Get to know Nick
Nick Cicchitelli is a Rhode Island native and is in his 9th year living in Fox Point. Nick brings diverse professional experience spanning the government, non-profit, political, and private sectors, and is currently self-employed in the real estate industry. Over the past several years, Nick has been engaged in community advocacy through the Fox Point Neighborhood Association, serving several years on the board, and is in his second year as FPNA’s president. At FPNA, Nick has been a steady and tactful voice for balance and compromise amongst the diversity of stakeholder needs, neighborhood quality of life, and Providence’s goal to be a fiscally stable, thriving knowledge economy hub with a progressive social landscape. He is also in his 5th year serving on the board of the American Red Cross, RI Chapter, and chairs its Philanthropy Committee.
Nick’s Education: Nick holds masters’ degrees in political science and public administration from the University of Rhode Island, and a bachelor’s degree in political science from The George Washington University.
Nick on the Issues
Fight “tiered” property tax formulas—a penalty for East Side residents
- I will fight against tiered property tax rates. We must not pit neighborhoods against each other. Changes in the tax formula should be selected by a careful, deliberative and open process–not rushed into being without studying the potential impacts or consulting taxpayers. Reforms should be based on independent, comparative analysis of policies adopted by other like-sized cities; be open and responsive to public feedback; and aim to be as courteous and timely as possible so residents can adequately prepare for changes.
Keep the Gano Street exit open
- RIDOT plans to replace the Henderson Bridge, and funnel I-195 traffic to the East Side through the East Providence riverfront onto Wayland Square. RIDOT plans are insistent on closing the Gano Street exit. I will fight to keep the Gano Street exit open, and support the addition of a new, planned, East Providence exit that connects I-195 to the riverfront.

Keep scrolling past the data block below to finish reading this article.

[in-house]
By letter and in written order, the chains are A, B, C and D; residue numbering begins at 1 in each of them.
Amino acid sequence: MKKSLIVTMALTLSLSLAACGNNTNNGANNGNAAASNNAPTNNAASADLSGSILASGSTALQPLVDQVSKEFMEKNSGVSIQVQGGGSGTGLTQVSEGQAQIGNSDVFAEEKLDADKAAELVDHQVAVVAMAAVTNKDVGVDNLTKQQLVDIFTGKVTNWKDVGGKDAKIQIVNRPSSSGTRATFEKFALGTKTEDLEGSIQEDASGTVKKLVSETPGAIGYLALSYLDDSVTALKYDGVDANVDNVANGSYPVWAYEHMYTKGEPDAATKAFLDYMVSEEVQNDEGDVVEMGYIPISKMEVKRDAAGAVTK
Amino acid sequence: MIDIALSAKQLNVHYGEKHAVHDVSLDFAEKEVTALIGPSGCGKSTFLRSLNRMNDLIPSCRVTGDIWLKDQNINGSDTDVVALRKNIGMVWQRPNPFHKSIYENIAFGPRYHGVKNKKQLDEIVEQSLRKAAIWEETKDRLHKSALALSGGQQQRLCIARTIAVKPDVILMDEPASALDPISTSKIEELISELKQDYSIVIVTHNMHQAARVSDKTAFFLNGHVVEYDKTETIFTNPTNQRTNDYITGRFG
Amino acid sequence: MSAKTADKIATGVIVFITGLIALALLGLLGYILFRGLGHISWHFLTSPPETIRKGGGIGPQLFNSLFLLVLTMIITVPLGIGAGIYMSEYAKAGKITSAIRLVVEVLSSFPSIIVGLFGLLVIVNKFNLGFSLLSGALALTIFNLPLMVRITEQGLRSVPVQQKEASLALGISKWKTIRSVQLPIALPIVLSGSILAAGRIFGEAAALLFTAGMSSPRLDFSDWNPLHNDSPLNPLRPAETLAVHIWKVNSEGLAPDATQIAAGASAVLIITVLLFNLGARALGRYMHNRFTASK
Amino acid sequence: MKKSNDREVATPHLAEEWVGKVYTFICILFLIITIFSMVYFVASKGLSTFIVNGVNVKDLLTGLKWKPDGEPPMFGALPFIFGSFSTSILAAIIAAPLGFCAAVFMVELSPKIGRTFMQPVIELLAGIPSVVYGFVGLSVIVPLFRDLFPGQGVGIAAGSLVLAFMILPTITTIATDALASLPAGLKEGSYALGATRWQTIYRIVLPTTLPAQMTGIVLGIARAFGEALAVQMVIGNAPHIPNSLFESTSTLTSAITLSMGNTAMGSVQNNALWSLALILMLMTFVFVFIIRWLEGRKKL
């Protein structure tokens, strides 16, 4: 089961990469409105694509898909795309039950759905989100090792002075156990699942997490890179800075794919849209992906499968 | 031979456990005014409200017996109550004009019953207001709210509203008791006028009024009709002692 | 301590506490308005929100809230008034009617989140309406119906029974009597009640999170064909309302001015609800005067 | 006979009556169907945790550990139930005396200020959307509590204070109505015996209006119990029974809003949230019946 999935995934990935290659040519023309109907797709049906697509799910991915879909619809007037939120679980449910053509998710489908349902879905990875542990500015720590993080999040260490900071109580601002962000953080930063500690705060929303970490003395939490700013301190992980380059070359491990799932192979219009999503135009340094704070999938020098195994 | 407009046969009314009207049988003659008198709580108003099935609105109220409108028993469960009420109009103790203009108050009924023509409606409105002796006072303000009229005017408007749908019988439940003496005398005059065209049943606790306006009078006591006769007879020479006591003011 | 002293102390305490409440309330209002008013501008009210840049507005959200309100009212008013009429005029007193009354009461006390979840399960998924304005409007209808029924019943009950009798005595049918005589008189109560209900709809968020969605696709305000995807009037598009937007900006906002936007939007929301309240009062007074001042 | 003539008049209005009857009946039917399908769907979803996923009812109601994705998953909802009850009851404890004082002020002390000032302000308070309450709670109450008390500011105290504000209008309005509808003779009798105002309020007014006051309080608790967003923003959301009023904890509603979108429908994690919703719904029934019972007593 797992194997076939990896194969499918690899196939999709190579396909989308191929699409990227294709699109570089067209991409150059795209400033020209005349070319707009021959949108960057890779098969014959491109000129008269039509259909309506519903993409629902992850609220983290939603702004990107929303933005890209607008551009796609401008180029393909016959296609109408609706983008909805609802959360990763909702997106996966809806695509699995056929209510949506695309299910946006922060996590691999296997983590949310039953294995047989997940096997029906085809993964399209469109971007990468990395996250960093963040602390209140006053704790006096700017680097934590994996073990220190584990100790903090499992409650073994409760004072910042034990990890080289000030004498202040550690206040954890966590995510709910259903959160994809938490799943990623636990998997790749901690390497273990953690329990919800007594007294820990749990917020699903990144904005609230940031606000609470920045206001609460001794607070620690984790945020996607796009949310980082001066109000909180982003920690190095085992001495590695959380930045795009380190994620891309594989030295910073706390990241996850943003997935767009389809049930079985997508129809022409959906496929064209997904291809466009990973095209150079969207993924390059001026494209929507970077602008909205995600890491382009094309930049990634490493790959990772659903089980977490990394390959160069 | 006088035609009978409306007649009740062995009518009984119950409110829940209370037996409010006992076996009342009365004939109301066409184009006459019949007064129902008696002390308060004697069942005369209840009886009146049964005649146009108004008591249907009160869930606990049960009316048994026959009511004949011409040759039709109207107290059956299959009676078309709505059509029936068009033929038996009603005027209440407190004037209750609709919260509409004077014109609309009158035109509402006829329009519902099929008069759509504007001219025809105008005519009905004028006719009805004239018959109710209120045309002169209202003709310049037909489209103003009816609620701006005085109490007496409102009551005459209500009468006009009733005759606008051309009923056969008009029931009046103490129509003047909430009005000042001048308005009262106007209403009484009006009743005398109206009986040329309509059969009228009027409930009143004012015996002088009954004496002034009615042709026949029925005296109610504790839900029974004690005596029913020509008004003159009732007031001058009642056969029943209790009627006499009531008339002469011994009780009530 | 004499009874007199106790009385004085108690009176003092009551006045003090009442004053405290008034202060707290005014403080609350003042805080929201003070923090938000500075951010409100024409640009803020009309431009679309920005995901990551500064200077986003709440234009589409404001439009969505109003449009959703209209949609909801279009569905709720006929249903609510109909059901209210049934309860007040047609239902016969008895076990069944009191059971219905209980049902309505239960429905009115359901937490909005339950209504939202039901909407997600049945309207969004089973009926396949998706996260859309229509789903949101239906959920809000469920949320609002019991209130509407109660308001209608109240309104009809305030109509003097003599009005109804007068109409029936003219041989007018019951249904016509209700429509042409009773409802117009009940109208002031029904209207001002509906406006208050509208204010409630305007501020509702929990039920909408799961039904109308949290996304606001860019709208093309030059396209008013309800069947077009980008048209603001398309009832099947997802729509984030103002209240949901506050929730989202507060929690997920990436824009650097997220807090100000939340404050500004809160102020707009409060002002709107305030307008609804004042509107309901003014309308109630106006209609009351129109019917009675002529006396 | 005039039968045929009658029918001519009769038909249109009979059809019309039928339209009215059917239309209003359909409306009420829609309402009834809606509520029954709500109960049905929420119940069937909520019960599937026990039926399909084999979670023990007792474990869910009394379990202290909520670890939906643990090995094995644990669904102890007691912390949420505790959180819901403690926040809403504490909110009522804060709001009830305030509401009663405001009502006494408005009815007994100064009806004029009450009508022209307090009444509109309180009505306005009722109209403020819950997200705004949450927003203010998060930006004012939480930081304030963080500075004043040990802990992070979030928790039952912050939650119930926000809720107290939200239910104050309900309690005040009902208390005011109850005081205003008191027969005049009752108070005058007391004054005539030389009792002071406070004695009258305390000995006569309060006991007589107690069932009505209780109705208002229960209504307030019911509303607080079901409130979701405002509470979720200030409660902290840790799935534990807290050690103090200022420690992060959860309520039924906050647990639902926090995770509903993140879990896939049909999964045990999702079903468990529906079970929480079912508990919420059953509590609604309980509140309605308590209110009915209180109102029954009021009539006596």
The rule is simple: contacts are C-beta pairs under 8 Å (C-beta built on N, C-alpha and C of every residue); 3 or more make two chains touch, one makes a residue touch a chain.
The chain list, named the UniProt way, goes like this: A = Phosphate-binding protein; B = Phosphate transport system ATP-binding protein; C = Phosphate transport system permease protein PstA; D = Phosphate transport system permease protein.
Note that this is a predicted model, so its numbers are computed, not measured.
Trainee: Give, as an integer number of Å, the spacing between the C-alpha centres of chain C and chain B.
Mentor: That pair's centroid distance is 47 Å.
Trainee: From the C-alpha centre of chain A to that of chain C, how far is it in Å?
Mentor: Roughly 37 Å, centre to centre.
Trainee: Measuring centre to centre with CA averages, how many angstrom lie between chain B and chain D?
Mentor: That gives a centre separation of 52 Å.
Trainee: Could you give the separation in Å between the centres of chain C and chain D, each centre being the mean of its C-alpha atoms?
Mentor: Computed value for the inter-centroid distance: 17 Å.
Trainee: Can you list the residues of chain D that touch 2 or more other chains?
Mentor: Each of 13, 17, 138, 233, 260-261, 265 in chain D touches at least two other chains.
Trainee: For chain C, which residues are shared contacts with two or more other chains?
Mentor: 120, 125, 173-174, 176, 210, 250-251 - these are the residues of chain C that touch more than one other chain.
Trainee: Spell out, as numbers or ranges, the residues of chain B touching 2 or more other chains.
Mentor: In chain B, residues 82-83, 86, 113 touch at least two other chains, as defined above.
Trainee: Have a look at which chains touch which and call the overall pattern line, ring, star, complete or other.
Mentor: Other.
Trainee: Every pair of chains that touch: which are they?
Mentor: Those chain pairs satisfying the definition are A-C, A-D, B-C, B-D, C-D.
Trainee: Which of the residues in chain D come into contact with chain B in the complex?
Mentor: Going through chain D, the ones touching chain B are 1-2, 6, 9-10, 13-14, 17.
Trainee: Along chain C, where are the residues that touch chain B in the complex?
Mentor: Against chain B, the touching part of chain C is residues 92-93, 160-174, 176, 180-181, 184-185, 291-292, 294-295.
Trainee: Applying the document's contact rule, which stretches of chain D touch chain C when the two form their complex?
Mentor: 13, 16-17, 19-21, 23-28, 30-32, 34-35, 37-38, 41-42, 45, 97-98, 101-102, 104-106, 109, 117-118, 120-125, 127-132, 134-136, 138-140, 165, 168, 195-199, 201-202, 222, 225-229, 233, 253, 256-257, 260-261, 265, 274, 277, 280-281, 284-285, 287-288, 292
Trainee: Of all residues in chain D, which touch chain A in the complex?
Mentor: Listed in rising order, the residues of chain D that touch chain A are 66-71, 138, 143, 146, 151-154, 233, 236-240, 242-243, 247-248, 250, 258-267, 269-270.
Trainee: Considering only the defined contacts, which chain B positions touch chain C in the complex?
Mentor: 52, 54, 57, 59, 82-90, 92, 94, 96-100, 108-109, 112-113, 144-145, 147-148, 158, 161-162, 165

Smart Development, the Comprehensive Plan, & Housing
- We came together as a community to decide what we want future development in Providence to look like. As we look to develop vacant I-195 land and redevelop properties citywide, we must defend the community contract and not cast it aside to prioritize out of state profiteers.
- Prospective impacts on neighborhood quality of life issues should be given strong consideration before major development is given the green-light. And ongoing infrastructure upgrades should be better coordinated – cutting up the street as few times as possible.
- Providence is facing a major housing shortfall, and it’s interrelated and impeding our other economic goals. The shortage in housing supply needs to be addressed with dedicated and standardized public incentives and support. We also need to invest more in Affordable housing development programs, seeking to redevelop abandoned and derelict properties as much as possible.
Economy and jobs
- Providence has the potential to be a green technology and knowledge economy engine. We must promote policies that encourage growth in the good-paying jobs of tomorrow, and prioritize development projects that support a robust and diverse 21st century economy. As we continue our transition to tomorrow’s economy, we must also strive for economic justice, including gender pay equality, a living wage, and job training.
- Port of Providence: Providence is right to set its sights on green technology and the knowledge economy. The Port of Providence has the potential to be realigned to tomorrow’s economy, and should move away from the polluting industries it currently serves. That same space could be used for multi-purpose re-development, providing much-need housing expansion and support for green industry.
- Transportation: Providence should continue to support green transportation, including expanding bike lanes and encouraging a bicycle culture. Building more infrastructure around biking will lessen our dependence on cars, reduce emissions, and mitigate parking shortages.
Equality, Inclusion, & Social Justice
- Providence is a diverse, multicultural and inclusive city. I stand firmly in favor of LGBTQ+ equality, protection, and empowerment. There is no place for hate, discrimination, or bullying. I will take up the mantle of vigilance to make sure that Providence continues to be an ever-safer place, no matter what happens in Washington.
- Education is a great equalizer, and every student deserves an education that will prepare them for a successful future. I support the state’s intervention in the Providence Public School District. I am hopeful for lasting structural change to come of it, and that one day soon local control will be returned to the city.
- Students need a school system that can provide them with as many avenues for success as possible. We need to invest in prioritizing practical, real-world skills and training, and opening up students to opportunities in the industries and trades of the 21st century.
- There is no better resource for stability, example, experience, and encouragement than our seniors. We should support, enable, and encourage programs that engage and serve our seniors. Programs like Foster Grandparents, for example, can mitigate senior challenges and help further other community goals.